Beginning this month, Americans will see financial relief checks from the federal government’s $2 trillion stimulus plan flow into their bank accounts to assist them during the COVID-19 outbreak.
But many college students and recent graduates were disappointed to find out they will not receive $1,200 from the government, even if they were affected by the pandemic.
“I was working two jobs on a campaign and a delivery job, and both of those have evaporated as this all started,” said Collin Clemons, a December 2019 graduate of Marshall University with a political science degree. “I was like, ‘OK, this check will come through and kind of keep me afloat for a month or so,’ so I’m really disappointed to find out that I won’t get it. We’ve been kind of forgotten, underrepresented.”
The stimulus bill will provide $1,200 for most adults, with an additional $500 per child — age 16 or under — leaving adults who have been claimed by their parents on their 2018 or 2019 tax filings out of the relief package.
“I live in a house with roommates. I don’t live with my family,” Clemons said. “We’re one of the most disadvantaged populations in the country as far as finances go. College students are already pretty much broke from paying for college. It doesn’t really help that we’re in the middle of a global pandemic and not receiving any help from the government whatsoever.”
Many students who are still in the process of completing their degree are being forced to leave campus and move back in with their parents or loved ones to stop the spread of the coronavirus, which also creates a disadvantage to those families, said Rileigh Smirl, a second-year political science and English double major at Marshall.
“I am pretty independent, self-sufficient. I make my own money,” Smirl said. “But I was under that cutoff for getting money from the stimulus package. I am moved back in with my parents, because we weren’t able to be on campus, and I feel like I’m in this in-between area where I’m not young enough to be beneficial to my parents but I’m not old enough to be counted as an independent adult even though I am 95% of the year.”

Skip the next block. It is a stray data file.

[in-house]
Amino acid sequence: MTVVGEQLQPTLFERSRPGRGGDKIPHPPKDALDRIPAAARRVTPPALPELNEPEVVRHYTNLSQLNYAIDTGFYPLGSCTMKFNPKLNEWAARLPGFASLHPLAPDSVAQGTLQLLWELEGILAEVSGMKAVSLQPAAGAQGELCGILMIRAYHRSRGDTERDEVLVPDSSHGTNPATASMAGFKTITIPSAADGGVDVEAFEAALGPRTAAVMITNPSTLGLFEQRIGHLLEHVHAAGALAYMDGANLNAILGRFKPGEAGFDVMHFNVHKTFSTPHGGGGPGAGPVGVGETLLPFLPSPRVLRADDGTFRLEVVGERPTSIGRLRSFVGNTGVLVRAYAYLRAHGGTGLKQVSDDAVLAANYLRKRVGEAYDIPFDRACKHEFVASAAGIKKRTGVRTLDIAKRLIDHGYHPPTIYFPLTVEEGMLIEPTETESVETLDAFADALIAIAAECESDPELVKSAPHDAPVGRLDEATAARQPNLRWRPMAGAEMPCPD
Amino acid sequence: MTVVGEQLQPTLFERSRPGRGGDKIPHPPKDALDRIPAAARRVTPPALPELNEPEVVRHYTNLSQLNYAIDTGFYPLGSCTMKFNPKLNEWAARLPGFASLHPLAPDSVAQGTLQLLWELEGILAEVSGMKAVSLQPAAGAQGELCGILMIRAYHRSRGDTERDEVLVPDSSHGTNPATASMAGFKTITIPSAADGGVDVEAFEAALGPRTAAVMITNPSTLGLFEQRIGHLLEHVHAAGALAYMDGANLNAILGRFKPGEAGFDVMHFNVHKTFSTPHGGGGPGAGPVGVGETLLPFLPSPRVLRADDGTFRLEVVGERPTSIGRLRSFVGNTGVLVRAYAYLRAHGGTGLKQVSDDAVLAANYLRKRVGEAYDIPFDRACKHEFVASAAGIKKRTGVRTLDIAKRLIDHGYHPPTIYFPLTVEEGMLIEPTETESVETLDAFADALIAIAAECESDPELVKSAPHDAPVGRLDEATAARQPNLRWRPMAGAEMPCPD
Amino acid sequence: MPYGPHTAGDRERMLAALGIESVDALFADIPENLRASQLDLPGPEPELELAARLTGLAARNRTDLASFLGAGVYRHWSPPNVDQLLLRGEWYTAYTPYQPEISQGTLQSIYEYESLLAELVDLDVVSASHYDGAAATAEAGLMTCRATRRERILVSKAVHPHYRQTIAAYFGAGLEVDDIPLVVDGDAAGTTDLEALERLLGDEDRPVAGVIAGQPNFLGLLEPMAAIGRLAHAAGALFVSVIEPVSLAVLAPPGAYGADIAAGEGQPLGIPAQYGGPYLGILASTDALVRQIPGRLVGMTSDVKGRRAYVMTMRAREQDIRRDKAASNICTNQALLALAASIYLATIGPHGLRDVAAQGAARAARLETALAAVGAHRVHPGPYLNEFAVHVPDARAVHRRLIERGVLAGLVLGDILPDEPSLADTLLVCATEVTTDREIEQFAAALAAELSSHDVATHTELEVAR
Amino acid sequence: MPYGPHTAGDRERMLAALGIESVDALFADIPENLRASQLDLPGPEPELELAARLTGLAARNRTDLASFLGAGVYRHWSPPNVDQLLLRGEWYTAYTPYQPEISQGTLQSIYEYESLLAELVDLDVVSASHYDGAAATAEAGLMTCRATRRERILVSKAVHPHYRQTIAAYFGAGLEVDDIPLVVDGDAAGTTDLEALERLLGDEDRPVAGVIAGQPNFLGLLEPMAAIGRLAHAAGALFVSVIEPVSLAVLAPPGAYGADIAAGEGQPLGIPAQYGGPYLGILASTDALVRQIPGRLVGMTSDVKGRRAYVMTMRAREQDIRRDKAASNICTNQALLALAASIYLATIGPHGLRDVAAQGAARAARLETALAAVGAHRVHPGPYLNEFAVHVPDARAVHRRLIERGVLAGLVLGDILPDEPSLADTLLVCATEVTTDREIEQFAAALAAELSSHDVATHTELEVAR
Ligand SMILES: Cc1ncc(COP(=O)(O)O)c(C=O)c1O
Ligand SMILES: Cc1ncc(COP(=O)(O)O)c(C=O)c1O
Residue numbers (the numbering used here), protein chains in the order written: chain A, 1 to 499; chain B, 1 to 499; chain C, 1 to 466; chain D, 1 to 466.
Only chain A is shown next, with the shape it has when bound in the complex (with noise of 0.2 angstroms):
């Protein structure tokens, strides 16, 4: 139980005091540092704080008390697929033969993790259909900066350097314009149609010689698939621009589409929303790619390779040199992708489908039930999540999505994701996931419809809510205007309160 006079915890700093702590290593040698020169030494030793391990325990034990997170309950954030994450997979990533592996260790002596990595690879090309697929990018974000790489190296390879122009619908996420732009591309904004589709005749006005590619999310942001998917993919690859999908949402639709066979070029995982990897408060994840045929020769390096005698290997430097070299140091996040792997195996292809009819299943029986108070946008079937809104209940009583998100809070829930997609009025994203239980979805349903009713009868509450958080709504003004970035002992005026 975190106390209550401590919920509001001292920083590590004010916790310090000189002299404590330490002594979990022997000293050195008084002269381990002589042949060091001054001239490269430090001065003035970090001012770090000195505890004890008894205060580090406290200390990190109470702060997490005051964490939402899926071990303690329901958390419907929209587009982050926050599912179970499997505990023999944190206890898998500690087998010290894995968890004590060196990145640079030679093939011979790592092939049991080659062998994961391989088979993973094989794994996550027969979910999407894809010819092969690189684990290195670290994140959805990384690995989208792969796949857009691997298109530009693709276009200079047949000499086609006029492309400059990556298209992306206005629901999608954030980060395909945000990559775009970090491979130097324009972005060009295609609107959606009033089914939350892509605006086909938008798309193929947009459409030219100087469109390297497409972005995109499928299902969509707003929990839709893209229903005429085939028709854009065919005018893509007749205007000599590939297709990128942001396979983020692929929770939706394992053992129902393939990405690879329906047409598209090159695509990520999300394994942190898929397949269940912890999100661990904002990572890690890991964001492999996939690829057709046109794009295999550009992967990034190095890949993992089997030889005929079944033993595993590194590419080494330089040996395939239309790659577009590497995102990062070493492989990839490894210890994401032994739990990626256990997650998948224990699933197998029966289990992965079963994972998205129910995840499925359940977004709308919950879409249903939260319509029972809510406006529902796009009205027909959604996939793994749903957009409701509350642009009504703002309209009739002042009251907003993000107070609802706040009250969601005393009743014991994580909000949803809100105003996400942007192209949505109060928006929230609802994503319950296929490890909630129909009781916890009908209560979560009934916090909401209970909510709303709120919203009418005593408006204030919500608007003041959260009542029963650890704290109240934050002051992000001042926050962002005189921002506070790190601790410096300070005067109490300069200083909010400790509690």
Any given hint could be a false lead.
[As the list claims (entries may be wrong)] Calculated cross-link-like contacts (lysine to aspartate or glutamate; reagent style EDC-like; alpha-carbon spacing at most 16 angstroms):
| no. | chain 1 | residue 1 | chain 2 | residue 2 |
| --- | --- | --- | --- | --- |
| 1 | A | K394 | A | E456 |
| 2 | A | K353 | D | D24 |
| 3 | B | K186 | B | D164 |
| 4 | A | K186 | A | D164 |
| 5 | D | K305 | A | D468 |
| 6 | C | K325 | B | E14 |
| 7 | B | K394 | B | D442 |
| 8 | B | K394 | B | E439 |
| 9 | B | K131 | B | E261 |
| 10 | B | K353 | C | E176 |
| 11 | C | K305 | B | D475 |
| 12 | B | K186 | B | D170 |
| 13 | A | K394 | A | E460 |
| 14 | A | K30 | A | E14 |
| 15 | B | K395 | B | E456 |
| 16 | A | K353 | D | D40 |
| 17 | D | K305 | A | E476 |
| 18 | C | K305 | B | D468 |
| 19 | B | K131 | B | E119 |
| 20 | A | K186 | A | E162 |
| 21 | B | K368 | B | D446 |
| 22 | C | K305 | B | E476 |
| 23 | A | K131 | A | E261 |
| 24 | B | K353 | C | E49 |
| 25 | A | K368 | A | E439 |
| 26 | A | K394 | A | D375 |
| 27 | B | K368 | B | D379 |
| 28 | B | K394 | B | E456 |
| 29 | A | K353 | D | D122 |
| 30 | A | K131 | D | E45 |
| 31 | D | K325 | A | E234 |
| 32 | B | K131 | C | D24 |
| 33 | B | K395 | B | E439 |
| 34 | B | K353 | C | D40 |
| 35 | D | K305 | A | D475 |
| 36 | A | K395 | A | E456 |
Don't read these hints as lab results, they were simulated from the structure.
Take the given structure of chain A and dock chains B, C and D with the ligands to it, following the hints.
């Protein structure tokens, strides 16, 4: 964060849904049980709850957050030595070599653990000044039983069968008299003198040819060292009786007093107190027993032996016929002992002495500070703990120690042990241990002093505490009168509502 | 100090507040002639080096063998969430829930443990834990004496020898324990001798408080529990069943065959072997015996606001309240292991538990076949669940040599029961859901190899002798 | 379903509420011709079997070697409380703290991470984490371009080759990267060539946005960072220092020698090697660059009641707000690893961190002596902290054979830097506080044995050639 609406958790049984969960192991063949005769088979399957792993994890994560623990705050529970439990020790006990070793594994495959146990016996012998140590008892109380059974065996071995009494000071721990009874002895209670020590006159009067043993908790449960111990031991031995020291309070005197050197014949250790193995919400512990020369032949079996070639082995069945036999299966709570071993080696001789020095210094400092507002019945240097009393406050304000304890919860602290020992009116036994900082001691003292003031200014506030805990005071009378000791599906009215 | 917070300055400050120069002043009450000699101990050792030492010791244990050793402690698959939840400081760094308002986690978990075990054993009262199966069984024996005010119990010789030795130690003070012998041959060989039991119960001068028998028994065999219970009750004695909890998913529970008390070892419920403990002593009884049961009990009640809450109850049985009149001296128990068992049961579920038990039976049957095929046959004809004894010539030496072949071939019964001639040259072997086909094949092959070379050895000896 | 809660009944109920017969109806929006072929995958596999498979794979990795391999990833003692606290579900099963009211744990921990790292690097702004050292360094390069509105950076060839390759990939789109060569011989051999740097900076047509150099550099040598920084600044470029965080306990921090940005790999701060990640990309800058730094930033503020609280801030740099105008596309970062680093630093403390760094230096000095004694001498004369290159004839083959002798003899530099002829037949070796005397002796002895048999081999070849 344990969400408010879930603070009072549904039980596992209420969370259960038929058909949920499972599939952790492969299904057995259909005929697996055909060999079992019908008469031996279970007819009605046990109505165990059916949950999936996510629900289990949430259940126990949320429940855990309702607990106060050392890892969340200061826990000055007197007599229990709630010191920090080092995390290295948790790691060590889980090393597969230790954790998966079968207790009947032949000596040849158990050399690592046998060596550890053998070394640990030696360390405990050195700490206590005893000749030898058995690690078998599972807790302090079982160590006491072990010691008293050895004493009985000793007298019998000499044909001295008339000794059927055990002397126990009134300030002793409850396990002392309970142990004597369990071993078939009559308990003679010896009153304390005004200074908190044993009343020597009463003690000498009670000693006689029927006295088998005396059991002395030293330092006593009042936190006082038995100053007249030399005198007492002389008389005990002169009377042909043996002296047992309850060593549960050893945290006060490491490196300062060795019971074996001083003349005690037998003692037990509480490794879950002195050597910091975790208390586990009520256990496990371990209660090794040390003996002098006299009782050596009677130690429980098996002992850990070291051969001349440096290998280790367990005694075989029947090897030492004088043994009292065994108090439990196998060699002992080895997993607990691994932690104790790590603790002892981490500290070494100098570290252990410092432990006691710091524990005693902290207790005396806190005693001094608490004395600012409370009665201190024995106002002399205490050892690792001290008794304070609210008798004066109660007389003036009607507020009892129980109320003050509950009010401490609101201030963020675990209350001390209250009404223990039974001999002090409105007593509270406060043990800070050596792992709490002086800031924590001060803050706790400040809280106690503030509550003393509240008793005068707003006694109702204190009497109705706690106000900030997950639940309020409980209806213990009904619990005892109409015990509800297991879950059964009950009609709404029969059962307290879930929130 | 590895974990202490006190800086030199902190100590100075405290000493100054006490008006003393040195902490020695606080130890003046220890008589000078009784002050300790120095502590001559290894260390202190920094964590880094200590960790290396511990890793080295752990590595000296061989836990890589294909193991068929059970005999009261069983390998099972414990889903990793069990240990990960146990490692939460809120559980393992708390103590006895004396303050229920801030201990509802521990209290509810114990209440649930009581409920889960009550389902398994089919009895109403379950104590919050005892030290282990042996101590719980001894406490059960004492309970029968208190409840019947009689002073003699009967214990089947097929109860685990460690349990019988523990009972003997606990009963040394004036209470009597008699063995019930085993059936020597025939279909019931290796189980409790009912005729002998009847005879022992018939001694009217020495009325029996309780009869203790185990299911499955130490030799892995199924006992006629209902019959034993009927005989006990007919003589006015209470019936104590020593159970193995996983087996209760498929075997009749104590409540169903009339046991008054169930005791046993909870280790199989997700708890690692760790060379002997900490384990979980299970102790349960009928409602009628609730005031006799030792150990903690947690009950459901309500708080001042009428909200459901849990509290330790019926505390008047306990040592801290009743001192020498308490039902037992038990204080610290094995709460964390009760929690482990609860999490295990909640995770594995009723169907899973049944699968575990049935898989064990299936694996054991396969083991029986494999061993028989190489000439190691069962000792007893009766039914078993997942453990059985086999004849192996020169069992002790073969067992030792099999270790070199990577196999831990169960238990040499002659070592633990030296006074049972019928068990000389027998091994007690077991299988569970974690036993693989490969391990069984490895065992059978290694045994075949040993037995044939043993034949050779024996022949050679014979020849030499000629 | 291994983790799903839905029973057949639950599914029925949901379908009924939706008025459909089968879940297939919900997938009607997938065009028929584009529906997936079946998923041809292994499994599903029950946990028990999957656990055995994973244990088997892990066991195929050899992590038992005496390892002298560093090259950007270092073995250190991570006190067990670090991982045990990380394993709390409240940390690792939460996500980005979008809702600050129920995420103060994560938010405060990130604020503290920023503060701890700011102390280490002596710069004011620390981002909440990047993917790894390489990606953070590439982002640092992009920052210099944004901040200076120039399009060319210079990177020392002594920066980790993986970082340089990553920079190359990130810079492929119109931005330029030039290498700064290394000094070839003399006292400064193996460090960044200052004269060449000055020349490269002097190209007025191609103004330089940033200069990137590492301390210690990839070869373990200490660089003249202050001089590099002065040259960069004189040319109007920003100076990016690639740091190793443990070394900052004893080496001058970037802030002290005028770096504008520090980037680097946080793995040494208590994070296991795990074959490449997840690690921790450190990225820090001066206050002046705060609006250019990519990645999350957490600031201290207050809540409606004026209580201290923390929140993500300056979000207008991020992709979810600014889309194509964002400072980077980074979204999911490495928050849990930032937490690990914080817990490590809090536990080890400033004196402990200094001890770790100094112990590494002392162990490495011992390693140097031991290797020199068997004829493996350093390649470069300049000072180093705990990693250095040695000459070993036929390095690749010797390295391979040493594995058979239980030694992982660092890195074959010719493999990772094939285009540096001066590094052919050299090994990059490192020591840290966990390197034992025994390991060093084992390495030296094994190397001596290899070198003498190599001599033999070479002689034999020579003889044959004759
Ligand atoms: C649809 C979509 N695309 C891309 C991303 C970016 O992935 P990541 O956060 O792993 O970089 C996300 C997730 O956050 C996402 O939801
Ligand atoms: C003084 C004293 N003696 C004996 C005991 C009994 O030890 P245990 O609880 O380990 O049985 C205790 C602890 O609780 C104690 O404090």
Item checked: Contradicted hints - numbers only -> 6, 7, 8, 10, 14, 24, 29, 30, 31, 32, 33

Smirl works primarily as a podcaster, and ad revenue and fundraisers have suffered because of the virus, she said.
Now, she’s relying on her parents for help, although they’re not receiving any additional relief.
“I’m definitely lucky in the sense that I am mid-college so I’m not entirely out on my own yet, but it still would have been nice for my parents or myself to get that help,” she said. “Even if we didn’t receive money, just some money that our parents could have gotten if they’re still counting us as a dependent would make me feel better.”
Bailey Whanger, a Marshall student graduating in May, said although her parents have also agreed to help her financially during this time as her retail and teaching assistant jobs have fallen through, many people won’t have that luxury.
“I’m fortunate that my parents are able to help me, and I’ve saved money to get me through the next few months,” Whanger said. “But I know it won’t be like that for everyone, especially if this continues.”
A petition circulating on social media to “close the doughnut hole for young adults” was formed by the Students Can’t Wait group, a branch of the West Virginia Can’t Wait movement that supports 93 candidates for office in 2020.
“Under this stimulus package, thousands of West Virginia young adults, many of whom are trying to work their way through college, will be left out. Many of these students are already doing everything they can to juggle employment, health bills and the costs of higher education,” the online petition said. “We, the undersigned, believe the federal coronavirus stimulus package must not discriminate against young adults.”
Clemons said he agreed that something needs to change in order to assist students, recent graduates and those who are just starting out on their own, alike.
“The federal government should really amend that bill that passed or pass a new bill that is targeted toward college students and recent graduates, recently as in, maybe, the last two years,” he said. “Just providing a stimulus check to them as well — it doesn’t have to be the $1,200. Maybe it’s $800, $1,000, just something rather than nothing.”